By David Sheppard
The oil market has 'no room' for more crude supplies, OPEC says in its report.
The oil market has "no room" for more crude supplies, OPEC said on Wednesday as it trimmed its forecast for world oil demand growth in 2010 and hiked its prediction for supplies from outside the group.
The monthly report from the Organisation of the Petroleum Exporting Countries, which pumps more than one in every three barrels of oil, said world oil demand would rise by 940,000 barrels per day (bpd) in 2010, 10,000 bpd lower than previously forecast.
At the same time, the group said crude oil production from countries not in OPEC would jump by 640,000 bpd this year, raising its estimate from a previous forecast of a 530,000 bpd rise.
"Demand for OPEC crude in 2010 is projected to average 28.8 million bpd, following a downward revision of 70,000 bpd from the previous assessment," OPEC said in the report. "This would leave no room for additional crude supplies in the market."
Total world demand is seen averaging 85.4 million bpd in 2010, the group said in the report, but demand for its crude would decline by 175,000 bpd from last year.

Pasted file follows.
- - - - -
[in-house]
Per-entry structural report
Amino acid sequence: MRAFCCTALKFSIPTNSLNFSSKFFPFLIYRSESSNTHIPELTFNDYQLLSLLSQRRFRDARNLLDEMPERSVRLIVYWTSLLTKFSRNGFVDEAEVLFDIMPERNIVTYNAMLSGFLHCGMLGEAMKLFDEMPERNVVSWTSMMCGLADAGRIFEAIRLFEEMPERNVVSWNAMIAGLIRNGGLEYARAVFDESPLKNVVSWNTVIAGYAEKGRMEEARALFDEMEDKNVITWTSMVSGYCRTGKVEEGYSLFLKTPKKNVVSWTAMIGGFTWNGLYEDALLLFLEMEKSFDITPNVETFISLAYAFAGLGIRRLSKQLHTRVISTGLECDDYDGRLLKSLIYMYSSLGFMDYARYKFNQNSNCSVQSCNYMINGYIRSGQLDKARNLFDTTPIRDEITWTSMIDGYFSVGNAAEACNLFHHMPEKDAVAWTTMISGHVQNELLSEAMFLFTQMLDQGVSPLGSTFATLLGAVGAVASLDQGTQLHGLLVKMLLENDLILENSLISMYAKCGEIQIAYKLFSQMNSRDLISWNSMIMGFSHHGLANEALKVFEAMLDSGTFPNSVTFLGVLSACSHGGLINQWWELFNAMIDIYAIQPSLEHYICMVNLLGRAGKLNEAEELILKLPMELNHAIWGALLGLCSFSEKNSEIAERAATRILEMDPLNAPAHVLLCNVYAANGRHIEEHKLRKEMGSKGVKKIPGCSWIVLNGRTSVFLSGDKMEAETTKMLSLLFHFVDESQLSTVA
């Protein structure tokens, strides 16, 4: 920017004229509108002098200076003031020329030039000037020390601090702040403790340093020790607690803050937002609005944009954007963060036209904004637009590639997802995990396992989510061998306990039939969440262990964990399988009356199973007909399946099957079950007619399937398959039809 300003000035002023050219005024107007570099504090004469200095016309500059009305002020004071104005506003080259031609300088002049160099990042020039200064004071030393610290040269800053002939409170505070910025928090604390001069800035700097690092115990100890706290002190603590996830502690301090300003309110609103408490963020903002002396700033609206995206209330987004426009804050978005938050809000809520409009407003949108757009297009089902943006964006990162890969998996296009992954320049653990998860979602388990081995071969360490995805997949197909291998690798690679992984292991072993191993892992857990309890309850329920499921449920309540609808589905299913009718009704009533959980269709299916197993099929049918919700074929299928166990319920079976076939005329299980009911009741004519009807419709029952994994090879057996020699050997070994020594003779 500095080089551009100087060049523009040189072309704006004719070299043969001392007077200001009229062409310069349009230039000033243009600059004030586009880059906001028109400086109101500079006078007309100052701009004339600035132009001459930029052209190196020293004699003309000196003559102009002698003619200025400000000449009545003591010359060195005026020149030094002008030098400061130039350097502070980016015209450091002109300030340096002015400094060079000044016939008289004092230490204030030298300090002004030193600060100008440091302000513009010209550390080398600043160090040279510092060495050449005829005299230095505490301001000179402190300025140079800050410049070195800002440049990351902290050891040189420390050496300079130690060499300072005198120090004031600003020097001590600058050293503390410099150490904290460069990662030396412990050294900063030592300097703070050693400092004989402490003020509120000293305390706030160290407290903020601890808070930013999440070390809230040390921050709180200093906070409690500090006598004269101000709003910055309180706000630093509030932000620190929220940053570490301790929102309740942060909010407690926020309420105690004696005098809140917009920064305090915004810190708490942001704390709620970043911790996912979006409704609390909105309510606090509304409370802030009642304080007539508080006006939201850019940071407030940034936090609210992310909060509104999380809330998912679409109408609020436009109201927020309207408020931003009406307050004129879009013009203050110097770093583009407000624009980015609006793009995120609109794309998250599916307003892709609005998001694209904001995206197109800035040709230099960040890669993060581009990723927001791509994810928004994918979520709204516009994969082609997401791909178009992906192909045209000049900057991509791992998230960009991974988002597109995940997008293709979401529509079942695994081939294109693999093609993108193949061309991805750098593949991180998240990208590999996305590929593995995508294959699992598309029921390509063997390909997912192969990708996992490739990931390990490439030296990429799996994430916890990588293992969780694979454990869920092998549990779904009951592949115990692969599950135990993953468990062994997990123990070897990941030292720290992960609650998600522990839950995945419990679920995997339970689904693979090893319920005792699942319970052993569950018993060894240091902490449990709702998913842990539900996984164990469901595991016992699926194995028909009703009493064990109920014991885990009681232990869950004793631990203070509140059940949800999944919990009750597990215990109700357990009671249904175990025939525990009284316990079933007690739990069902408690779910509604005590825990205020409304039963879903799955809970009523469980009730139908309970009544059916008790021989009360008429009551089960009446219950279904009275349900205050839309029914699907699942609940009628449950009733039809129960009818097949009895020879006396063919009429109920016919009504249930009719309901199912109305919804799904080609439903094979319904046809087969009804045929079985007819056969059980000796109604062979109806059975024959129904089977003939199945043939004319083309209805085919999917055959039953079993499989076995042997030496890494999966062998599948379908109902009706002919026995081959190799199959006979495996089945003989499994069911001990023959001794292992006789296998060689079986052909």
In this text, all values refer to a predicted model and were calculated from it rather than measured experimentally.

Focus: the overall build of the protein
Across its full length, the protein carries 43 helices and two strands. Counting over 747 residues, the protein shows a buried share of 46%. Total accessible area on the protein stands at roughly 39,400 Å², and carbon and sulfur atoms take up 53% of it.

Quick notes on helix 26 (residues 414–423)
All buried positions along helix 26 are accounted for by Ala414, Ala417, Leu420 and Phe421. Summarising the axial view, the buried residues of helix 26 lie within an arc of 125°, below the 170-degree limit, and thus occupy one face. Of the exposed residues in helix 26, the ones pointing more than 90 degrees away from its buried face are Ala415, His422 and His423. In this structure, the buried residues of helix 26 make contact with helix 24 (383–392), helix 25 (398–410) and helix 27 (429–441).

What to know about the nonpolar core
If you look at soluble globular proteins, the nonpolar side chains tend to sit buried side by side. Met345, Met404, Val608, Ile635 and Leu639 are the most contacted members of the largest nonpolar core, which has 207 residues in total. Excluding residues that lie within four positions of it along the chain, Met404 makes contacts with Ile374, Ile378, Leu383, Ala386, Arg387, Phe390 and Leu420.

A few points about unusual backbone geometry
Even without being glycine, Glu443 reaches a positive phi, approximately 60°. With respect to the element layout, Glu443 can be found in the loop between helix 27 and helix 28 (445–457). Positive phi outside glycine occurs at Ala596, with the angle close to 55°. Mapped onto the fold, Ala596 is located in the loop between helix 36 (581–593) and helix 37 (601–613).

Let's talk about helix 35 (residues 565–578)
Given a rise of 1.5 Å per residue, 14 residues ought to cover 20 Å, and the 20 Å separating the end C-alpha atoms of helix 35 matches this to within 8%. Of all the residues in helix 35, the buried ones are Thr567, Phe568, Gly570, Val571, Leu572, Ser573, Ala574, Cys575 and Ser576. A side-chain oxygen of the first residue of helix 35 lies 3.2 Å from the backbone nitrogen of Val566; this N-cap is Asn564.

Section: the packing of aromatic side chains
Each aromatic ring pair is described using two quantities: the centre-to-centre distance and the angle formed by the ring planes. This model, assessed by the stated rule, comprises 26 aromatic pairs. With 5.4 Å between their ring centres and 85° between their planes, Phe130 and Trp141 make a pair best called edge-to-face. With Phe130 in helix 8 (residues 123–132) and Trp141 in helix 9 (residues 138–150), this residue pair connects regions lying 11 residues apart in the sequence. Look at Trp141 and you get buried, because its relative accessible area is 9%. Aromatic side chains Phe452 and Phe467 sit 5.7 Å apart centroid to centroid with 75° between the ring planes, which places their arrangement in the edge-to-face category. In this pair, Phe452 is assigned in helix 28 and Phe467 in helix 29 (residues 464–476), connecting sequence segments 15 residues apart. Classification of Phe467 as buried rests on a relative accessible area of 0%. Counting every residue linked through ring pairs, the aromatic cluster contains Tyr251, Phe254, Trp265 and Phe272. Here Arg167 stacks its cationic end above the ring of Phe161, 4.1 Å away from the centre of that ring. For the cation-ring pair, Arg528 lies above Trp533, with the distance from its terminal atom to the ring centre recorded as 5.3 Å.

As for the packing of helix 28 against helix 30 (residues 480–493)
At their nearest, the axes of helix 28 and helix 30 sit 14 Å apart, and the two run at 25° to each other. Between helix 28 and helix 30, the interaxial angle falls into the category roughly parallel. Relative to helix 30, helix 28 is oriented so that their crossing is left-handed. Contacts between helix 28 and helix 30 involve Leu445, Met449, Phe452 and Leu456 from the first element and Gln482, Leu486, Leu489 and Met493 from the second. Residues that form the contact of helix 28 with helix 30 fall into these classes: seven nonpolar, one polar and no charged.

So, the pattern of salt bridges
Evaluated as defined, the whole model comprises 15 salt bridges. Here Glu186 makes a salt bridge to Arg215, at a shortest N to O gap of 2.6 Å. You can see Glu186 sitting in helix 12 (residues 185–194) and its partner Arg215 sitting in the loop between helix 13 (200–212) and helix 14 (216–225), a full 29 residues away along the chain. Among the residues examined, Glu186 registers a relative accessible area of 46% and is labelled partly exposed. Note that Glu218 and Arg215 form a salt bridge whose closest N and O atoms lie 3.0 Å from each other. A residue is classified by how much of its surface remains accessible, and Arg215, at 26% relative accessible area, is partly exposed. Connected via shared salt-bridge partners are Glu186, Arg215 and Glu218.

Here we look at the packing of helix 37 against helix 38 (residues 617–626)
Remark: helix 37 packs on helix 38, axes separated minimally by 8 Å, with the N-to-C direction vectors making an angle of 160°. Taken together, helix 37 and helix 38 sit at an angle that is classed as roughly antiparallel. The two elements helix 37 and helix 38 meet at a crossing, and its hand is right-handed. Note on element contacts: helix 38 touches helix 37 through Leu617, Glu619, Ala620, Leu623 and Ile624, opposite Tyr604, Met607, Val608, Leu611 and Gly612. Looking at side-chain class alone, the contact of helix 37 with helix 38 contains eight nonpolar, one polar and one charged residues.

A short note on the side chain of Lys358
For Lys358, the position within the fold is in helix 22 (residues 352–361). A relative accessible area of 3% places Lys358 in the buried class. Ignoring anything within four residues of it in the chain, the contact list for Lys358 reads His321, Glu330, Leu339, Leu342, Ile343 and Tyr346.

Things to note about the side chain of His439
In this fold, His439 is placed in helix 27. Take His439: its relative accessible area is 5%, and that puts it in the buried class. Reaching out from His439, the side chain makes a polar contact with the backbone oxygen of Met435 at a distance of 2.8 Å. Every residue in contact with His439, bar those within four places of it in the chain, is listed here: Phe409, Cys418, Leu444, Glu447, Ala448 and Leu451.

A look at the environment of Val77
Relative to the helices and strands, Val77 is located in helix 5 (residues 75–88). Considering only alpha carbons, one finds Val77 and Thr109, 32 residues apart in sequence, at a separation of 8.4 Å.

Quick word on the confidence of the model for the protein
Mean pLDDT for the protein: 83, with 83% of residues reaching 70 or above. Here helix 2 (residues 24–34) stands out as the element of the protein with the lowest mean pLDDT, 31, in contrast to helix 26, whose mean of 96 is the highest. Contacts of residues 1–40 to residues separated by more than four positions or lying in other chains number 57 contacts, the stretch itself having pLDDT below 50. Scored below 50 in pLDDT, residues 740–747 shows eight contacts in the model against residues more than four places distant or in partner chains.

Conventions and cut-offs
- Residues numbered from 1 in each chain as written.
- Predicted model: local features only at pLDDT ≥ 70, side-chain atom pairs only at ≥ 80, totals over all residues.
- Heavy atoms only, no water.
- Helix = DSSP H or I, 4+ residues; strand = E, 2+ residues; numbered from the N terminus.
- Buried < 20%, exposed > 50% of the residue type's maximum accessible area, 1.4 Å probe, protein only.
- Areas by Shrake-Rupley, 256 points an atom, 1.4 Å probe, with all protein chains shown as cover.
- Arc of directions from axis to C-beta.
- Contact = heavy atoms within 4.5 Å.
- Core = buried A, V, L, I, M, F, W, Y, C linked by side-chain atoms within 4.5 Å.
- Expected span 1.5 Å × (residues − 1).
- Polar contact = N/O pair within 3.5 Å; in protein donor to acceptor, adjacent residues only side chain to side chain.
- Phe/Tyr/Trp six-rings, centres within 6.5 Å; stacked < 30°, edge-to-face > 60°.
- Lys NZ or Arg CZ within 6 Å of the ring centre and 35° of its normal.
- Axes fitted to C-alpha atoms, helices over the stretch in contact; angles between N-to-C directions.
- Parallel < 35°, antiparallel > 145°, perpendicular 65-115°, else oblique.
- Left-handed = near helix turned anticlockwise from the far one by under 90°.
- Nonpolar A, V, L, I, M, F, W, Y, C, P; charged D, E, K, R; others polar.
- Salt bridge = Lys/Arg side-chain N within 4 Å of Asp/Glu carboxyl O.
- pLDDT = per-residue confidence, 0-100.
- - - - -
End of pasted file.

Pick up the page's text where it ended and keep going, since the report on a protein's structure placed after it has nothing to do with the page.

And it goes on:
OPEC said that while recent data indicated demand growth had been slightly higher than estimated during the first half of this year, demand in the second half of the year could be impacted by slower-than-expected economic growth.
On Tuesday, the U.S. Energy Information Administration cut its own oil demand growth forecast for this year due to the euro zone debt crisis.
Despite this, OPEC members' production has been creeping higher.
While members with output quotas, all except Iraq, met 53 percent of the targeted 4.2 million bpd cuts in May for the second month running, according to Reuters calculations based on the latest OPEC data, OPEC production was up from April.
Total OPEC supply including Iraq rose by 140,000 bpd in May to average 29.26 million bpd, the report said, citing secondary sources.
At current OPEC production levels, the oil market will have a surplus of 460,000 bpd this year, if the group's estimates prove to be correct. (Reuters)